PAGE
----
In a statement, Campaign Monitor claimed that the campaign probably has other methods of sending emails to supporters. “The self-service account associated with the Donald Trump Campaign has been suspended as of today, January 7th, 2021. Typically, political campaigns use multiple email service providers to send campaign, fundraising and other emails,” Campaign Monitor said in a statement about the ban. “Based on the low volume of emails that had been sent from the Campaign Monitor account, this is likely a very small portion of total email activity from the campaign.”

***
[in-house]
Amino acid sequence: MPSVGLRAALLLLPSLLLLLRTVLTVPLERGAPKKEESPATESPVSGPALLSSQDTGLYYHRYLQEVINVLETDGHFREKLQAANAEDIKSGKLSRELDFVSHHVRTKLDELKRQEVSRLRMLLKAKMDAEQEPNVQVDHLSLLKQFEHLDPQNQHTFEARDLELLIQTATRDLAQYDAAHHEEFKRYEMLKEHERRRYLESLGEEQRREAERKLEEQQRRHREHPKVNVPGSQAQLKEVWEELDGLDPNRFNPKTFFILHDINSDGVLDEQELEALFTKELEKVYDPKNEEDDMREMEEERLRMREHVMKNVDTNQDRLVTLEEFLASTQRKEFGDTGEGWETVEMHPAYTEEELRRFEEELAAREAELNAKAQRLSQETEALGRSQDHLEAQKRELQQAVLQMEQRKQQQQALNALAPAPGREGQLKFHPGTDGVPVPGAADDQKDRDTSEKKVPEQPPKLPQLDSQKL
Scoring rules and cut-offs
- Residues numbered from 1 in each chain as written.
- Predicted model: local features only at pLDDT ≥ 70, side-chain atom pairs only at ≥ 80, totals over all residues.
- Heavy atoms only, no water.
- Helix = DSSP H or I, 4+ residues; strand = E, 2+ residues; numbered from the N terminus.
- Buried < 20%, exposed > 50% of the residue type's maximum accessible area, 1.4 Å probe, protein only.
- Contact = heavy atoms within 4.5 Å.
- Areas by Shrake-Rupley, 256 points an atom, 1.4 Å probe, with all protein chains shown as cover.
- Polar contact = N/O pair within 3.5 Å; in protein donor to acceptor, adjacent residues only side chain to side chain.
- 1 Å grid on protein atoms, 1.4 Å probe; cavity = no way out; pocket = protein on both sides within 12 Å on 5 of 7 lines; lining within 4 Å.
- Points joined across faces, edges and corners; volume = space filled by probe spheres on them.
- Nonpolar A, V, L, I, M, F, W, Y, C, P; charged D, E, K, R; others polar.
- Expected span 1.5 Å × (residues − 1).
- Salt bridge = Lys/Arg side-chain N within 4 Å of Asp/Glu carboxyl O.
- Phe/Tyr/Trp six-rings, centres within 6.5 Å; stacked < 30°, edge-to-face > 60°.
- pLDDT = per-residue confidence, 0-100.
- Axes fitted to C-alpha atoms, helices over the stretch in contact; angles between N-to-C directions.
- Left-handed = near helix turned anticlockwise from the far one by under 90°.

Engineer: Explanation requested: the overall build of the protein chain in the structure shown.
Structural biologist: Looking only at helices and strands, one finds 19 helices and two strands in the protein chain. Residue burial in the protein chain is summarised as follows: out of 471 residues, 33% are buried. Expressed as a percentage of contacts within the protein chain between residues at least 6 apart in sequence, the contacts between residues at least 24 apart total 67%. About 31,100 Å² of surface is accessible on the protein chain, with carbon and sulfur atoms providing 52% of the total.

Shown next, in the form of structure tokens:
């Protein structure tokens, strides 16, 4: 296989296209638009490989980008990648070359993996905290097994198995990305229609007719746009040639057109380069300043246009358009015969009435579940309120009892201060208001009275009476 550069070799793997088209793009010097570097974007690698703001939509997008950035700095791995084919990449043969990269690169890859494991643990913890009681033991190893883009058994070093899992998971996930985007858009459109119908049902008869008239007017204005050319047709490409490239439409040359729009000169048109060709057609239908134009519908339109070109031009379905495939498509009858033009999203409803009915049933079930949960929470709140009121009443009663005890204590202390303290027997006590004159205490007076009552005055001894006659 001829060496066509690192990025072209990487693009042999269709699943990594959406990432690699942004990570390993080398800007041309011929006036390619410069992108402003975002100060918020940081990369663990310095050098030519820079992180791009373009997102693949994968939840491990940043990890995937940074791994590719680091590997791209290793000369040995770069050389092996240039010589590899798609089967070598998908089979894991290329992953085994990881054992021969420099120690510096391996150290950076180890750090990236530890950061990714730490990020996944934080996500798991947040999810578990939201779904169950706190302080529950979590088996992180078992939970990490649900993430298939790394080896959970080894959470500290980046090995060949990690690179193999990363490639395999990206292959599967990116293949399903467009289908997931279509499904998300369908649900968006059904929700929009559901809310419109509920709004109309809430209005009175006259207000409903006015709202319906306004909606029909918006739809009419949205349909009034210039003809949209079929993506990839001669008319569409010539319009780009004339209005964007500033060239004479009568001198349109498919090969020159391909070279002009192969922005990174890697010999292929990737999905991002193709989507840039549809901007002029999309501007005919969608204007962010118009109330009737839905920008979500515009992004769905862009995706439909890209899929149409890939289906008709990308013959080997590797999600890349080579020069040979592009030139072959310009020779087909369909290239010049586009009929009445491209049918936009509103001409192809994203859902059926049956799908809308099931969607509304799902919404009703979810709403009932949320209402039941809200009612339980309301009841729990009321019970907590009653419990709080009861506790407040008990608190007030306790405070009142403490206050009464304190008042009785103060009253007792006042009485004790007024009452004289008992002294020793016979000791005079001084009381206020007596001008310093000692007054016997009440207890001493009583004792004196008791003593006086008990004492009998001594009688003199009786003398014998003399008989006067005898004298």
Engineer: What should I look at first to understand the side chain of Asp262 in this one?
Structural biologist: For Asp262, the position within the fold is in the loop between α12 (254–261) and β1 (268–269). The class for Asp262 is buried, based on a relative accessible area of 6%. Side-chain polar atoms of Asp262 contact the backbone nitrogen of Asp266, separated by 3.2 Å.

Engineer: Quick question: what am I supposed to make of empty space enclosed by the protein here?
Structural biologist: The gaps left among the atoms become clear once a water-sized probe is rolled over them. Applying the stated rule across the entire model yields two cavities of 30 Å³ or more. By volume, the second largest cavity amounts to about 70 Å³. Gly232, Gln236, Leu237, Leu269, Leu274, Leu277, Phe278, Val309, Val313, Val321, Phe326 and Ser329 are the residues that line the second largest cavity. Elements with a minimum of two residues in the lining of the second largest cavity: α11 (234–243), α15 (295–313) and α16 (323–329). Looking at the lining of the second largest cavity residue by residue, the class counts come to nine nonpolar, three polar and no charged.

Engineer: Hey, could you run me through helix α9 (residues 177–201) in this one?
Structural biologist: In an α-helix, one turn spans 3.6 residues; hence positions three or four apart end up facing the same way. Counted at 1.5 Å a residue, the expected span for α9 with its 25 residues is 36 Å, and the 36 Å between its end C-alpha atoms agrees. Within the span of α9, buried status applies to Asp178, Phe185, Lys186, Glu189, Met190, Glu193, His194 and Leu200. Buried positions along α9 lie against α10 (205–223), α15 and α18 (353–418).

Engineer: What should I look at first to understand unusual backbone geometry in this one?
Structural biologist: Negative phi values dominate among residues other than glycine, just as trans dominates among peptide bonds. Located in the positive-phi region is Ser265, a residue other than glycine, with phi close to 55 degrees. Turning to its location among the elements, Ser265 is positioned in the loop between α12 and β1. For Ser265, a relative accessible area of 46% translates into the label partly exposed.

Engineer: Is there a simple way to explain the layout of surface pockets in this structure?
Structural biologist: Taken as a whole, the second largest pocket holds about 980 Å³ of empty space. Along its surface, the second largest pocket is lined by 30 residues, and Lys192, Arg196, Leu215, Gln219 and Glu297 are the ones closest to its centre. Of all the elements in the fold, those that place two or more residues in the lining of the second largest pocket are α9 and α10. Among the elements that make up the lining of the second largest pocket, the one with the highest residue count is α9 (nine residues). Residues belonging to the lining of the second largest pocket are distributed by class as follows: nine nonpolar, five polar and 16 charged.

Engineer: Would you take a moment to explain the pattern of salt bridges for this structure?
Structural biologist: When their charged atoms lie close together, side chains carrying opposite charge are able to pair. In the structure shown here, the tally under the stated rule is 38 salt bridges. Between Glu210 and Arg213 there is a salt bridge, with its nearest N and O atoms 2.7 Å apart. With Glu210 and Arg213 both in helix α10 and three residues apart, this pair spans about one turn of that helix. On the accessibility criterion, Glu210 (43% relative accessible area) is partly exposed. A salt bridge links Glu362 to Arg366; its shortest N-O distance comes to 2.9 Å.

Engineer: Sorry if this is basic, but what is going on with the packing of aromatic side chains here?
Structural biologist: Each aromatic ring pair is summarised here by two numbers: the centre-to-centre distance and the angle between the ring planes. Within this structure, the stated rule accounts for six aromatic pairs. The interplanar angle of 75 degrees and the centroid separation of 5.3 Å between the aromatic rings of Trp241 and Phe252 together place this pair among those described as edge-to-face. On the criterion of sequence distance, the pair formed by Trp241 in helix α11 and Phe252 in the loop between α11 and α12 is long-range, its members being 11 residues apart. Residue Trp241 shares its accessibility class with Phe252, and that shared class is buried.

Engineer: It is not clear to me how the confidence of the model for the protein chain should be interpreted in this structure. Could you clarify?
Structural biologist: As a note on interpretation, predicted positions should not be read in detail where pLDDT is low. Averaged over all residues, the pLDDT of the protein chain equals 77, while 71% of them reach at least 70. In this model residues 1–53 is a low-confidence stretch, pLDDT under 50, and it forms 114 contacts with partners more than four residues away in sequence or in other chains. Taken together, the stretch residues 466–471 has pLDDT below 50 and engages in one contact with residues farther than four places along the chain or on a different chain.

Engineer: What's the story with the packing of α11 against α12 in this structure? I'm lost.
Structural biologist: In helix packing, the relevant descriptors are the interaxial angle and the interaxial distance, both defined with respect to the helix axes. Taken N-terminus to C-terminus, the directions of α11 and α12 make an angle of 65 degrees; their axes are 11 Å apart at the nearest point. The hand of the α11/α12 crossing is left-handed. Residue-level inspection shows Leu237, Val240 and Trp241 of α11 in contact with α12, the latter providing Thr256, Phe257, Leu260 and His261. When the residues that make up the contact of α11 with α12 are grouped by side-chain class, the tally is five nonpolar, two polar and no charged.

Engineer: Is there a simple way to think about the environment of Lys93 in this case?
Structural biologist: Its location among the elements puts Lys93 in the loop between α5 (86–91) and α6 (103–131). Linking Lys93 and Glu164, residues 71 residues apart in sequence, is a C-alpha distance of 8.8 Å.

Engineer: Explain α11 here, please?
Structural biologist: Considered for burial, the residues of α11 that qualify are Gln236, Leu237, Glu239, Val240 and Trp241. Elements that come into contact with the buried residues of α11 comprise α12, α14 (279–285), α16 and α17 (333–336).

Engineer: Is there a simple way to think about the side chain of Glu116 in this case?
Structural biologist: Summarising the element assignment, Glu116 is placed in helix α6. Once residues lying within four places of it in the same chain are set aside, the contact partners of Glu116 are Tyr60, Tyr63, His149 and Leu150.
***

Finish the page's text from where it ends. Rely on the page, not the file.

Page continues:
Julian Assange saw today’s developments coming years ago.
The rise of Wikileaks introduced an uncontrollable variable into our drift toward authoritarianism. The WMD episode had shown again that our press, the supposed first line of defense against abuses, could not be relied upon. For every expose like Abu Ghraib, there were a hundred stories that either went uncovered or advanced official deceptions. Wikileaks anticipated a future in which the press would not only be pliant accomplices to power in this way, but where information itself would be tightly controlled by governments using far-reaching and probably extralegal new technological concepts, deploying misleading excuses for clampdowns.